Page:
Former food industry executive Michael Mudd has some interesting ideas on how to force ethics (and real change) onto the food industry in this past weekend’s Sunday New York Times. Here is a key excerpt from the Op Ed:
The industry is guilty because it knew what the consequences of its actions might be. Large food processors employed a flock of Ph.D. nutritionists and food scientists. The connection between calorie consumption and weight gain was always as plain as the number on the bathroom scale. But instead of acknowledging this and taking corrective action to sell a better product more responsibly, food processors played innocent by blending in with the crowd of causes. It’s time to end the charade and mandate the needed changes that the industry has refused to make.
The following are his main prescriptions to start forcing change on the industry:
Levy federal and state excise taxes on sugared beverages and a few categories — snack foods, candy, sweet baked goods — that most undermine health. These taxes could help pay for education programs, subsidize the healthiest foods for low-income individuals and, maybe, discourage consumption.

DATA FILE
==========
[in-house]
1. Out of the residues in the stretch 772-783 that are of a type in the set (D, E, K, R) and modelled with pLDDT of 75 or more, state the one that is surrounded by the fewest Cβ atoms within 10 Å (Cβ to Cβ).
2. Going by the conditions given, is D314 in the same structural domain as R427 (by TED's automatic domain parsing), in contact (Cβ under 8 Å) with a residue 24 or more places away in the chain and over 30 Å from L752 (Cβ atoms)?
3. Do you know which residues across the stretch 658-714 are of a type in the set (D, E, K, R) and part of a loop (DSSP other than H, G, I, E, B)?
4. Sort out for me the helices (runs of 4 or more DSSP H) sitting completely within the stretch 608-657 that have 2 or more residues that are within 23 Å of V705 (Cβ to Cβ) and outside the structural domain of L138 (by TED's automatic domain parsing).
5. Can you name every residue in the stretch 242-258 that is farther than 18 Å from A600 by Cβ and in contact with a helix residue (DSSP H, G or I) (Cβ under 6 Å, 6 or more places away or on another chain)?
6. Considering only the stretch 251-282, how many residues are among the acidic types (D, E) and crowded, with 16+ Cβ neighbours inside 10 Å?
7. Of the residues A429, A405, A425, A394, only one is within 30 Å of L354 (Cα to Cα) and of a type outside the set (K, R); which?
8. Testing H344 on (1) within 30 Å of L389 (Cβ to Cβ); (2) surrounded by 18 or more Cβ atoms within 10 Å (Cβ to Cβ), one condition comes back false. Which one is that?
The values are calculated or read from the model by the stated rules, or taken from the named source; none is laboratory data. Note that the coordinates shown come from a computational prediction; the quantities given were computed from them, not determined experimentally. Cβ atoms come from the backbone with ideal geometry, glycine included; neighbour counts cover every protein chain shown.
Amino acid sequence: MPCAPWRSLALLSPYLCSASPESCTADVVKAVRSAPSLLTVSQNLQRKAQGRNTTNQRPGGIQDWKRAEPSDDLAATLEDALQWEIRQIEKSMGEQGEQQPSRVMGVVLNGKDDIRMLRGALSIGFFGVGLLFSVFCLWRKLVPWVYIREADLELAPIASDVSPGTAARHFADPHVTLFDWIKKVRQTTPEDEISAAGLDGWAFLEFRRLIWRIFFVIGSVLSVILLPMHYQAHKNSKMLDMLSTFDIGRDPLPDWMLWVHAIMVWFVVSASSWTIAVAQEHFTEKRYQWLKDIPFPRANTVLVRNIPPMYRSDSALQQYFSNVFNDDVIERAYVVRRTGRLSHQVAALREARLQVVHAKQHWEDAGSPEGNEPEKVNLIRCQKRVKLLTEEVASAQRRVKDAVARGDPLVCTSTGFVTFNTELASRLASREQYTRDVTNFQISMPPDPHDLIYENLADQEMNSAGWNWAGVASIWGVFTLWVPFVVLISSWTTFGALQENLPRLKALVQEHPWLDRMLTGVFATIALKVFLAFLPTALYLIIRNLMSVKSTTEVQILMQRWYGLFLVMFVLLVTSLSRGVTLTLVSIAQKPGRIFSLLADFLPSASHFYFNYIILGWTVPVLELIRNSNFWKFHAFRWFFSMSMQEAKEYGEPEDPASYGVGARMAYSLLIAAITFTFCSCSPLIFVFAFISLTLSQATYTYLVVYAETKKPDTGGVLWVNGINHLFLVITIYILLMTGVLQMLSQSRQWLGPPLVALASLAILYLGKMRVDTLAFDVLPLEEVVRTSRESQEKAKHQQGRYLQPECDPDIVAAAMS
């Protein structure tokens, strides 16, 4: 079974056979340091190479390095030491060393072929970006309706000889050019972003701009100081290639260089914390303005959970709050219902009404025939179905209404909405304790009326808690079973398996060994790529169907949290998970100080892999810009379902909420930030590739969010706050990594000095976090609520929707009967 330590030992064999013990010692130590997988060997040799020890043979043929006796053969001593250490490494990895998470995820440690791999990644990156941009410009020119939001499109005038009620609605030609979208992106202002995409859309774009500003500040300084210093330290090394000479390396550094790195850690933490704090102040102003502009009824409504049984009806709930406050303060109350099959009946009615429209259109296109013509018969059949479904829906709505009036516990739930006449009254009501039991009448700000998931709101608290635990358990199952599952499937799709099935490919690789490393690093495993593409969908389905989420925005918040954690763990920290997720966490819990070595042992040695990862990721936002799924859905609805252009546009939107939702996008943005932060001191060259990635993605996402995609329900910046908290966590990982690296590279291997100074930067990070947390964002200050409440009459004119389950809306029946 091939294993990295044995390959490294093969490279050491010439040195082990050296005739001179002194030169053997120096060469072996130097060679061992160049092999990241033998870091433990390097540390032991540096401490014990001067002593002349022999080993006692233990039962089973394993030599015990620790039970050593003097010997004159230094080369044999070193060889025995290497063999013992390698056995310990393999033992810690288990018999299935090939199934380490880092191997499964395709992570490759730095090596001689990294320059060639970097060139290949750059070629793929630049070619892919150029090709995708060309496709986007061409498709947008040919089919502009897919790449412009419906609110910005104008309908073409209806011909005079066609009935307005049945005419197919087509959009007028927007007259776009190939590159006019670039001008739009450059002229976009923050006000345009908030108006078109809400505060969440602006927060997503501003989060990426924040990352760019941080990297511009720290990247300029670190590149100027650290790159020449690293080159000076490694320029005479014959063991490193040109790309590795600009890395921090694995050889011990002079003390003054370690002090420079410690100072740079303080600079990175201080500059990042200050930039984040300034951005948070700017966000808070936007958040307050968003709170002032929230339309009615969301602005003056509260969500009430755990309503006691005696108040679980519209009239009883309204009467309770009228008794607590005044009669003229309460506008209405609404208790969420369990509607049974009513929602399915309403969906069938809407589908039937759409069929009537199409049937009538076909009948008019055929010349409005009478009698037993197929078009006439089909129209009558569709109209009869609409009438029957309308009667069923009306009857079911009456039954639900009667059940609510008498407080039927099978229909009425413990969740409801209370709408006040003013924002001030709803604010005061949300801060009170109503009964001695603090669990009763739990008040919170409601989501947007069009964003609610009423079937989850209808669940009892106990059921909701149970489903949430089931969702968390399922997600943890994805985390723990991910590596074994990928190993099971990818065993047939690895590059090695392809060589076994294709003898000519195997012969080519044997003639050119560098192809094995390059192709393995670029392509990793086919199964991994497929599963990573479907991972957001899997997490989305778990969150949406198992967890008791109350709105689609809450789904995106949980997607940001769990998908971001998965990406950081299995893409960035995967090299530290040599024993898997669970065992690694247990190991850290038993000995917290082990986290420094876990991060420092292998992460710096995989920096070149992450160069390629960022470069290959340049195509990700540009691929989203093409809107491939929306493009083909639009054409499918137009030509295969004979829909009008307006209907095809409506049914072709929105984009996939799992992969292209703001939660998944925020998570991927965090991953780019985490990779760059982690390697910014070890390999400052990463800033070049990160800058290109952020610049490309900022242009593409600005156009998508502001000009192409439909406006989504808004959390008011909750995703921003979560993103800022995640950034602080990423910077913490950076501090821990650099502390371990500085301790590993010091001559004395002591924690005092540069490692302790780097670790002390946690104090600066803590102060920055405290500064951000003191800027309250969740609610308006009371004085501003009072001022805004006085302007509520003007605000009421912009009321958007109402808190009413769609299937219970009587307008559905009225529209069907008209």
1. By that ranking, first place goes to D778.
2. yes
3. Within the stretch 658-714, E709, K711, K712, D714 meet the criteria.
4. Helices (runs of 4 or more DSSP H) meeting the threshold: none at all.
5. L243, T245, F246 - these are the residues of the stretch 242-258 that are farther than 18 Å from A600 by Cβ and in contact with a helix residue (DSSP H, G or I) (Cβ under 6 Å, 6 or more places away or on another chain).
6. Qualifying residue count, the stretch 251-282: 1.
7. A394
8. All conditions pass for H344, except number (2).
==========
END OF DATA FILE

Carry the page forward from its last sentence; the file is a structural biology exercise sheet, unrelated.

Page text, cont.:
Make mandatory the federal guidelines for marketing food to children that were proposed in 2011. These guidelines — written jointly by the Federal Trade Commission, the Food and Drug Administration, the Centers for Disease Control and Prevention and the Department of Agriculture — were only to be voluntary, and still lobbyists for the food industry persuaded Congress to block them.
Is he right or wrong? What other things can be done within the food industry and our culture itself to begin facilitating big changes for the better on this front? Before you judge for yourself and weigh in here, go read the Op Ed.